I broke my own rule yesterday – I didn’t write down an idea as soon as it struck me.
Unless you’ve got an eidetic memory, you simply can’t remember every little thing that happens to you throughout the day. Sure I can remember the cheat codes to DOOM on PC from 20 years ago (my favorites were IDDQD and IDKFA) but for the life of me I can’t remember what the hell I was thinking about this afternoon. It’s a shame, too – it would have made for a great blog post.
That’s the worst part, too. Doesn’t it always seem like you can’t remember exactly what you thought of just a few hours ago, but you can certainly remember that it sounded like an amazing idea at the time. You would think that if it was that amazing you’d remember it easily, but the human brain is more than a bit of a bastard. It’s the same reason you get terrible songs stuck in your head for hours, or you end up recalling your most awkward, painful and humiliating moments in painstaking detail; you sometimes have no control over your memory.
For me, I often remember my life when I was at my most miserable. I was working 10-hour shifts at a call center for a major cable provider, and when I wasn’t laboriously walking a customer through how to reset their cable box I was getting yelled at for something beyond my control, like the fact that the technician the company sent to their house was an hour late. Of course, these customers would react like they had caught the technician fucking their elderly grandmother before shitting on their rug, so I had to calm them down enough to fix whatever problem they were having.
If I had only one or two calls like that in any given shift, I could have probably handled that job without having a nervous breakdown, but it was like that for hours and hours at a time. The worst was when the call center was busy; our little consoles had an indicator light that showed us how many callers were waiting in queue. If the light was off, that meant there was nobody waiting, but if it was green there could be anywhere from 1 to 100 people on the line, grinding their teeth and biding their time until it was their turn. Worse yet was when the light turned red – that meant there were more than 100 irate callers, stewing in their own juices while they listened to bad elevator music and a canned voice telling them “your call is important to us, so please stay on the line” for half an hour. Is it any wonder that they were practically rabid when they finally get to speak to a real person? Hell, I still flinch whenever the phone rings.
I remember, vividly, sitting there in my little cubicle, staring at my computer screen and cringing as some angry asshole screamed in my ear, only to glance down at my console and see that little red light burning like the devil’s flame, knowing full well that there was another bile-spewing bastard waiting to lace into you as soon as you finished that call. My particular employer’s policy was to finish each call in as little time as possible and then leap right into the next one, so if we took too long on any given call the Operations Desk would start sending little friendly reminders to you in the form of an annoying tone in your earpiece that only you could hear. So imagine the scene: you’ve got some lunatic screaming at you for fifteen minutes straight as you wait for their cable box to finish rebooting, you’ve got the Operations Desk’s “get the fuck off the call” chime sounding in your ear every thirty seconds, and you’ve got that evil red light shining steadily right on your console. A few minutes of that would drive anyone out of their minds, but I did it for 10 hours a day, 4 days a week, for nine months straight before I finally lost it and refused to go into work any more.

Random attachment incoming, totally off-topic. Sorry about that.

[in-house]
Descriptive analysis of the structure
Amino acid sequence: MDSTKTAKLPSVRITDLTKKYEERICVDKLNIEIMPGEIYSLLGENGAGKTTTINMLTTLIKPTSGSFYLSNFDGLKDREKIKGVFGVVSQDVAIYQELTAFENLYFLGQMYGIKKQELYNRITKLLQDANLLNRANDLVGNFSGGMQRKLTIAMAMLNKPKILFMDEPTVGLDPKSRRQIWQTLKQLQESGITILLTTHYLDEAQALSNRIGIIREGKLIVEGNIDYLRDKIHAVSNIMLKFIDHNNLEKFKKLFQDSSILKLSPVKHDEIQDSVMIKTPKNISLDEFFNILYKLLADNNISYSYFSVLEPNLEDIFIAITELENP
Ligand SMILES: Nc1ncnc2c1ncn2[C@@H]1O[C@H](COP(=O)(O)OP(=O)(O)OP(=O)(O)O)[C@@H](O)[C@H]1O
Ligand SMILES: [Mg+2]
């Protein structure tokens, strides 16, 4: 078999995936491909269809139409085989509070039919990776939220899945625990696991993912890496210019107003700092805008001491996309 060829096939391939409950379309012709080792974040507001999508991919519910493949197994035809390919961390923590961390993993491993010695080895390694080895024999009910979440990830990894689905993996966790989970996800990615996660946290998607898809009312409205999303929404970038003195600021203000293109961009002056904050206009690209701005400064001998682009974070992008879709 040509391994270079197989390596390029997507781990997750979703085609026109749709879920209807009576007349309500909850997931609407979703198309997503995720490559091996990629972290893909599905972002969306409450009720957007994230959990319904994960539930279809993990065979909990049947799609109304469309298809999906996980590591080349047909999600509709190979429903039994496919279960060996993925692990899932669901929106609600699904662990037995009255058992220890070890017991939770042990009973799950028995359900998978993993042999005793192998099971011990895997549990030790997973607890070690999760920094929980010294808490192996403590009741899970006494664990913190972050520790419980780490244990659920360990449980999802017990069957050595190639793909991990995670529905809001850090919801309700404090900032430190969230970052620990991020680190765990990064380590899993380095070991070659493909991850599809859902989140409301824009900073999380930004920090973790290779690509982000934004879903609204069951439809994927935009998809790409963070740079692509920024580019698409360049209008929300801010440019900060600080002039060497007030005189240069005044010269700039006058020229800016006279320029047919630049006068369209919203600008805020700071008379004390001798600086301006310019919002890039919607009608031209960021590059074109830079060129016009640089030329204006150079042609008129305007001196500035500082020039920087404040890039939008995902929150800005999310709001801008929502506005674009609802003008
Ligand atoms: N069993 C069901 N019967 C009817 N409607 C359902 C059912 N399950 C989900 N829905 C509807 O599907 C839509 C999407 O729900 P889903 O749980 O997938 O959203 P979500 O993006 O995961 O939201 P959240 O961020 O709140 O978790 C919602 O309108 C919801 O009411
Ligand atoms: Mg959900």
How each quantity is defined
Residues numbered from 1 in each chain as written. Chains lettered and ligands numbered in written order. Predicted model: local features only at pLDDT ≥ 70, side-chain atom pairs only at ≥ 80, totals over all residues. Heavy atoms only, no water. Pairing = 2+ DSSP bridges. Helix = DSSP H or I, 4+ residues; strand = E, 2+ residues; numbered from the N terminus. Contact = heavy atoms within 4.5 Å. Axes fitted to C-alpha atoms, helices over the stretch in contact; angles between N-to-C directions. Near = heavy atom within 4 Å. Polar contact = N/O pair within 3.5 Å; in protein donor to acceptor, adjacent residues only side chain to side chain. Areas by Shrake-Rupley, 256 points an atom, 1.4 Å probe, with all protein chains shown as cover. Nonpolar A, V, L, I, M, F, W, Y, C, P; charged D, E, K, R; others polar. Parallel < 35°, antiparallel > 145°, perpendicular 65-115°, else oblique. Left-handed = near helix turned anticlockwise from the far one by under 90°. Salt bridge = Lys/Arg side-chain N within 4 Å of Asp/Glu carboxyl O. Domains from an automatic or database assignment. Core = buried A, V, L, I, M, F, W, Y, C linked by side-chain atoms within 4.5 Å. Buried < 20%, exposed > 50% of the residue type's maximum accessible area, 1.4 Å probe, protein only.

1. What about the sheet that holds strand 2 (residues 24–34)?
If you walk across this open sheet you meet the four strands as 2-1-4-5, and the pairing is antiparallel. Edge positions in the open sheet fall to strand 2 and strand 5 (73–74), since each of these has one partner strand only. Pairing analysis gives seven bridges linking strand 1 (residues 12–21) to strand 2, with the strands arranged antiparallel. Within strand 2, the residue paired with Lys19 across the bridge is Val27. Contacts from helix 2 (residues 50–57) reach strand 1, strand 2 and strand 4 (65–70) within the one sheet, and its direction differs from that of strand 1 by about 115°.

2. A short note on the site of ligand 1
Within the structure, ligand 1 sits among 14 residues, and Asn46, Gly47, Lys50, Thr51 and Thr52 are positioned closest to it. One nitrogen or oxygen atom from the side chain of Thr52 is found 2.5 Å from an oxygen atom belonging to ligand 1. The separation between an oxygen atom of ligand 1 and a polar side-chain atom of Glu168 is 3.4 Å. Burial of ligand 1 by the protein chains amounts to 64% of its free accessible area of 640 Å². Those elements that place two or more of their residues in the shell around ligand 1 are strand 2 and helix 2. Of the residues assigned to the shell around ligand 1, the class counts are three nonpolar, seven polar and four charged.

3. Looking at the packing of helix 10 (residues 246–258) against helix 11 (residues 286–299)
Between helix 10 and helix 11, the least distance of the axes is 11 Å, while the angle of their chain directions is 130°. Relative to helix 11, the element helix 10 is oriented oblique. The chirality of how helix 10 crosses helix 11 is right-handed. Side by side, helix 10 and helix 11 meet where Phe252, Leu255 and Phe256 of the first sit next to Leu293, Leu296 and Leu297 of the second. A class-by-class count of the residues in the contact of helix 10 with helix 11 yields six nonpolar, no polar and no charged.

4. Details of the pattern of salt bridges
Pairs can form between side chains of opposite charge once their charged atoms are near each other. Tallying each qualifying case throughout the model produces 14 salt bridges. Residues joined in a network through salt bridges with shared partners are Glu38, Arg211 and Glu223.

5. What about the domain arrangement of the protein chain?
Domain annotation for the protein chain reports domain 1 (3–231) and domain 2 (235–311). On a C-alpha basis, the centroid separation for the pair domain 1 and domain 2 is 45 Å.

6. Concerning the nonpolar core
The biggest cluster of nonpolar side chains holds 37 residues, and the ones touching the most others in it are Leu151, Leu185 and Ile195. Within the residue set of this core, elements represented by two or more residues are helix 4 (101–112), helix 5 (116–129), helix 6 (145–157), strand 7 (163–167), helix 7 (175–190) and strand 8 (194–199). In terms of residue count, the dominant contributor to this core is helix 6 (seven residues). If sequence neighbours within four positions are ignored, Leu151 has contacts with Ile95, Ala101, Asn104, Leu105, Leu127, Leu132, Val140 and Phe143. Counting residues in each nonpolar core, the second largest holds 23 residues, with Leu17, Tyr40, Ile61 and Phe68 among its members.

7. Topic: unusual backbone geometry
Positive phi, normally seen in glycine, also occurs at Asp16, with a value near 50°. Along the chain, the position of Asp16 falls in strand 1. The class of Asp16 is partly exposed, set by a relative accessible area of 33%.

It was easily one of the most miserable times of my life, yet those memories come back – often unbidden – and those same feelings of dread, helplessness, and despair wash right over me. Not only that, but the more you try to push the memories out of your mind, the stronger they seem to become; before you know it you’re huddling, fully clothed, in the bathtub while stuffing handfuls of Xanax down your gullet and wondering if you can asphyxiate yourself with your shower curtain.
Even years later I still get flashes of that hellscape when I least expect it. It’s why I avoid talking on the phone unless I absolutely have to, or it’s someone I’ve known for years and I’m comfortable with. Yet for some reason I still can’t remember what the hell I had been thinking about last afternoon.
Well, if you’ll excuse me, I’m off to go hang myself in the bathroom.